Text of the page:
The wildly unpopular GOP tax bill, which is expected to pass through Congress along party lines imminently, includes a number of provisions that have big ramifications for the climate and the environment. These range from mostly good (preserving solar and wind tax credits) to actually the worst (drilling in the Arctic…
NEW ORLEANS—There were more than 20,000 scientists in New Orleans for the American Geophysical Union’s (AGU) annual meeting earlier this week, thousands of whom gave talks. Despite stiff competition, I feel confident saying Alexia Bravo gave one of the best.
Tesla just took a major step in Puerto Rico, installing its first solar power system with storage at Hospital del Niño in San Juan.
Installing wind turbines on the high seas is the holy grail for generating renewable energy. It’s there that powerful winds blow strong enough to potentially power the whole world without an iota of carbon pollution.
PITTSBURGH—Transitioning to clean energy, particularly in a city built on steel and surrounded by defunct coal mines, is always politically tricky. But Pittsburgh is trying to create its own equitable, bipartisan approach to what’s traditionally been a far-left ideal: decarbonization and emissions reductions.
Each day, our Sun pours its energy down onto the Earth’s surface, turning vast expanses of open water into vapor. New research shows the surprising degree to which this clean and renewable process could be used to produce electricity—enough, perhaps, to meet 70 percent of US energy needs. But before this energy…
For about three hours on August 21st, power grid operators across the United States will be confronted with a sudden drop in available electricity, owing to the first coast-to-coast solar eclipse in nearly a century. Power disruptions are not expected, but only because measures are being taken to make up for the…
A 720-foot-tall wind turbine featuring 35 ton blades has just set a new world record, producing a whopping 216,000 kWh of energy over a span of 24 hours. That’s enough to power an average American household for twenty years.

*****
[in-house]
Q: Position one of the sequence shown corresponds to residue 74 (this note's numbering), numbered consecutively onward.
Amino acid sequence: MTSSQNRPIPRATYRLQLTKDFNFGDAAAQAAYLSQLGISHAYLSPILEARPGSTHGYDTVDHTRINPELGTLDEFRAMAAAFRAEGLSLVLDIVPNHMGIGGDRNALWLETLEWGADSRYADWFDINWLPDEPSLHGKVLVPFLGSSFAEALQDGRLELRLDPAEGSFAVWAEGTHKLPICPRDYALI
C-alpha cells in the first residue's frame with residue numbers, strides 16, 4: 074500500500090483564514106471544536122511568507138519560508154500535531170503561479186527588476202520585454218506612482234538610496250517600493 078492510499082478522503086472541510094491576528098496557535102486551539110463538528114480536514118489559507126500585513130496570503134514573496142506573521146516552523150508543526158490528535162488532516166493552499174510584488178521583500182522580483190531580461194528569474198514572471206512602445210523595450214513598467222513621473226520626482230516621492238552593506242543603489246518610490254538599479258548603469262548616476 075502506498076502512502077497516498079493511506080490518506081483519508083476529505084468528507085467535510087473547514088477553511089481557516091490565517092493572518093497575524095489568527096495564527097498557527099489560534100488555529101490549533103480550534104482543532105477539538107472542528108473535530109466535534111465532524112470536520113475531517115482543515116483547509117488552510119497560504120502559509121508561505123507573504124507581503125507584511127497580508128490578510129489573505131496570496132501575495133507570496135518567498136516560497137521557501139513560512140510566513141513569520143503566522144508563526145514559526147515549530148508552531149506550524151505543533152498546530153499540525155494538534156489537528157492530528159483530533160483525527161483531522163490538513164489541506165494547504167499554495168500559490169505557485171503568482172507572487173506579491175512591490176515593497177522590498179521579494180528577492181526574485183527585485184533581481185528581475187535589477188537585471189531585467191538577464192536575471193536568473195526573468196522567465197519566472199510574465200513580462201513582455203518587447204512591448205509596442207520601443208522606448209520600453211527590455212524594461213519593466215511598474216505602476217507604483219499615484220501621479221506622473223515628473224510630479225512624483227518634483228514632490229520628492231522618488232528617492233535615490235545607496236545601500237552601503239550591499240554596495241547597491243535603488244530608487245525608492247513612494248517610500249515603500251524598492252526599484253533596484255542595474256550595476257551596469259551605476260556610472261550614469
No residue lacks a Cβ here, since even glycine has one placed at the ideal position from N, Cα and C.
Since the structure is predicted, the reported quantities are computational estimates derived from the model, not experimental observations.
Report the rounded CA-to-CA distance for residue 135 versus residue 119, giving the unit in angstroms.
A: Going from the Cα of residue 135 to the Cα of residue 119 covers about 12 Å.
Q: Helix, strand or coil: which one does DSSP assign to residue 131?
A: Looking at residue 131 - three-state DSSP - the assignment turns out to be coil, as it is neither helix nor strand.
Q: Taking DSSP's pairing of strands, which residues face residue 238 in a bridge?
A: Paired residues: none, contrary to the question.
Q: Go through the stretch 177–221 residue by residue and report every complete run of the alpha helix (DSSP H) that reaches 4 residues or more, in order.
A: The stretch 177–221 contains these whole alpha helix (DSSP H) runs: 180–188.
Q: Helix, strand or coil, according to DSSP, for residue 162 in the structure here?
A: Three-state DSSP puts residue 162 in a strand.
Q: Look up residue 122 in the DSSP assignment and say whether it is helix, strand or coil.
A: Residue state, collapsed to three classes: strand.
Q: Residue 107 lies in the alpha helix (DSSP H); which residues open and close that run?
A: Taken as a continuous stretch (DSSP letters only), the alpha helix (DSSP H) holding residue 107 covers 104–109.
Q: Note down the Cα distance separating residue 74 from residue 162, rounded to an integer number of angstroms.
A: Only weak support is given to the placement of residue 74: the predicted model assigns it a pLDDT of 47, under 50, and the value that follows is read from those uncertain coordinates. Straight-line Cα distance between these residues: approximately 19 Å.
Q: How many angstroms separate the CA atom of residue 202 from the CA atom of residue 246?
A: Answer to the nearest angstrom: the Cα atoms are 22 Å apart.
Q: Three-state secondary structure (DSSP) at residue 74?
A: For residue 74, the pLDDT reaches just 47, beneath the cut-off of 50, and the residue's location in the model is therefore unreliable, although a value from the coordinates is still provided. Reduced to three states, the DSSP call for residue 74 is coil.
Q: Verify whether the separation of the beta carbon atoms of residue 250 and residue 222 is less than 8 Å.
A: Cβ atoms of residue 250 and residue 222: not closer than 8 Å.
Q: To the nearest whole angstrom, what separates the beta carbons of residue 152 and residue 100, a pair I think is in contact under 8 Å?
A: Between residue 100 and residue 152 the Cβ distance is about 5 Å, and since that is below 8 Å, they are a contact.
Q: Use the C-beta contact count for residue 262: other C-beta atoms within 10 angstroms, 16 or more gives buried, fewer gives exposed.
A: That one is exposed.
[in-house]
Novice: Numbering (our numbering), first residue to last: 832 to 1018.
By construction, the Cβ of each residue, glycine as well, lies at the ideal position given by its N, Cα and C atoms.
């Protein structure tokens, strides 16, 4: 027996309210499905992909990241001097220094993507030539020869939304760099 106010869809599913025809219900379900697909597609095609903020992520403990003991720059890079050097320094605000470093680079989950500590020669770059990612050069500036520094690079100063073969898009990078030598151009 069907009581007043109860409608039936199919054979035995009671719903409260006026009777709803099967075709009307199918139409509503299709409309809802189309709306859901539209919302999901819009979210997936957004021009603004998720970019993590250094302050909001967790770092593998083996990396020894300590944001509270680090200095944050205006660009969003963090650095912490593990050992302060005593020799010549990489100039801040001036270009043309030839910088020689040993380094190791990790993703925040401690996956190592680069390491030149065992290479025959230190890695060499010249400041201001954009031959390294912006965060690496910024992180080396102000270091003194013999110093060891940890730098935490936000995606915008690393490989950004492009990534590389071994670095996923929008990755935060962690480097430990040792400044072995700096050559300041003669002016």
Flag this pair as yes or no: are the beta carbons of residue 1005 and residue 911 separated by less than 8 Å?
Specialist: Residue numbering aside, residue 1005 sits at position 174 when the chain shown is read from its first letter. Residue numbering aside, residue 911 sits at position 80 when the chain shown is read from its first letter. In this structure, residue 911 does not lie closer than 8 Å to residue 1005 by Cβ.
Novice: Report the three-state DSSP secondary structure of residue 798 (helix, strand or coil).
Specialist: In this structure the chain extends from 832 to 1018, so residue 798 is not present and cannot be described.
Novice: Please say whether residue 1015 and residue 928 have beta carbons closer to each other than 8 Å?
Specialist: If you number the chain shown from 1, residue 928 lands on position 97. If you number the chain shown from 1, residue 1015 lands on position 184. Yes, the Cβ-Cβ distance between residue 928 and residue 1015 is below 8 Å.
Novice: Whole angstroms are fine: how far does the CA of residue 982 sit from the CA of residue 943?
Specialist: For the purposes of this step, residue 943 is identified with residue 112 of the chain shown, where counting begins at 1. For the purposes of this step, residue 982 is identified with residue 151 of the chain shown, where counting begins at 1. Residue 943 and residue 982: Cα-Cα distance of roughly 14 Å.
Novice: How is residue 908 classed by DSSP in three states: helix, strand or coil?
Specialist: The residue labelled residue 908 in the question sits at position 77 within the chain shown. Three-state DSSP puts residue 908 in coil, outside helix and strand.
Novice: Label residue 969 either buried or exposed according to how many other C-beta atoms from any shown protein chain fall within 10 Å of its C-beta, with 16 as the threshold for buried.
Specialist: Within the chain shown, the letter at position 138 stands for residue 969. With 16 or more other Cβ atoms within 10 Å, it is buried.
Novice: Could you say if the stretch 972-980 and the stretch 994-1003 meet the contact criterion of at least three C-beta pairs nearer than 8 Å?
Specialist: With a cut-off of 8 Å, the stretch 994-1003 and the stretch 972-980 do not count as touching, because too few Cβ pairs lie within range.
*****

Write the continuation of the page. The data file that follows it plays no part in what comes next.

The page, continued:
Another year has passed, which means we’re another step closer to the tomorrow of our dreams. Here are the most futuristic developments of 2016.
A pair of Chinese companies are planning to build a solar plant in one of the scariest places in the world—the exclusion zone around the damaged Chernobyl nuclear reactor.
Shortly after shareholders approved the acquisition of renewable energy firm SolarCity on Thursday, Tesla CEO Elon Musk revealed that his company’s dope new solar shingles could cost less than wack conventional versions of the same thing, even before saved energy costs are accounted for.
Offshore wind power is taking off in Europe, but we’re still coming to grips with the environmental impacts of sticking gigantic steel towers in the oceans. One effect of these clean energy behemoths, however, seems indisputable: sediment plumes.
It’s really hard to argue against policies that promote renewable energy. But people like Donald Trump will bend over backward to do it—like he did today on (failed presidential hopeful) Herman Cain’s radio show. Trump claims that wind turbines are a major threat to bird populations. But he’s just talking shit without…
Last year, renewable energy accounted for more than half of all new forms of power generation produced worldwide. It’s an unprecedented milestone for our civilization—one that points to a bright future for solar and wind power.
For the past sixteen months or so, it’s felt as though our planet has been shaking us by the shoulders, trying to wake us up to the fact that we’ve kicked the thermostat into overdrive. The good news is, America finally seems to be listening. According to a new report by the Department of Energy, wind and solar…
Typhoons are generally associated with mass destruction, but a Japanese engineer has developed a wind turbine that can harness the tremendous power of these storms and turn it into useful energy. If he’s right, a single typhoon could power Japan for 50 years.
The United States, Canada, and Mexico are poised to announce an ambitious new energy pledge that would see 50 percent of North American electricity drawn from clean sources by 2025.
They like to do things big in Dubai, including a newly-approved concentrated solar power project that will generate 1,000 megawatts of power by 2020—and a whopping 5,000 megawatts by 2030.
Last week, the nation of Portugal achieved something remarkable. For 107 hours—about four days—the country ran on nothing but wind, solar and hydro power.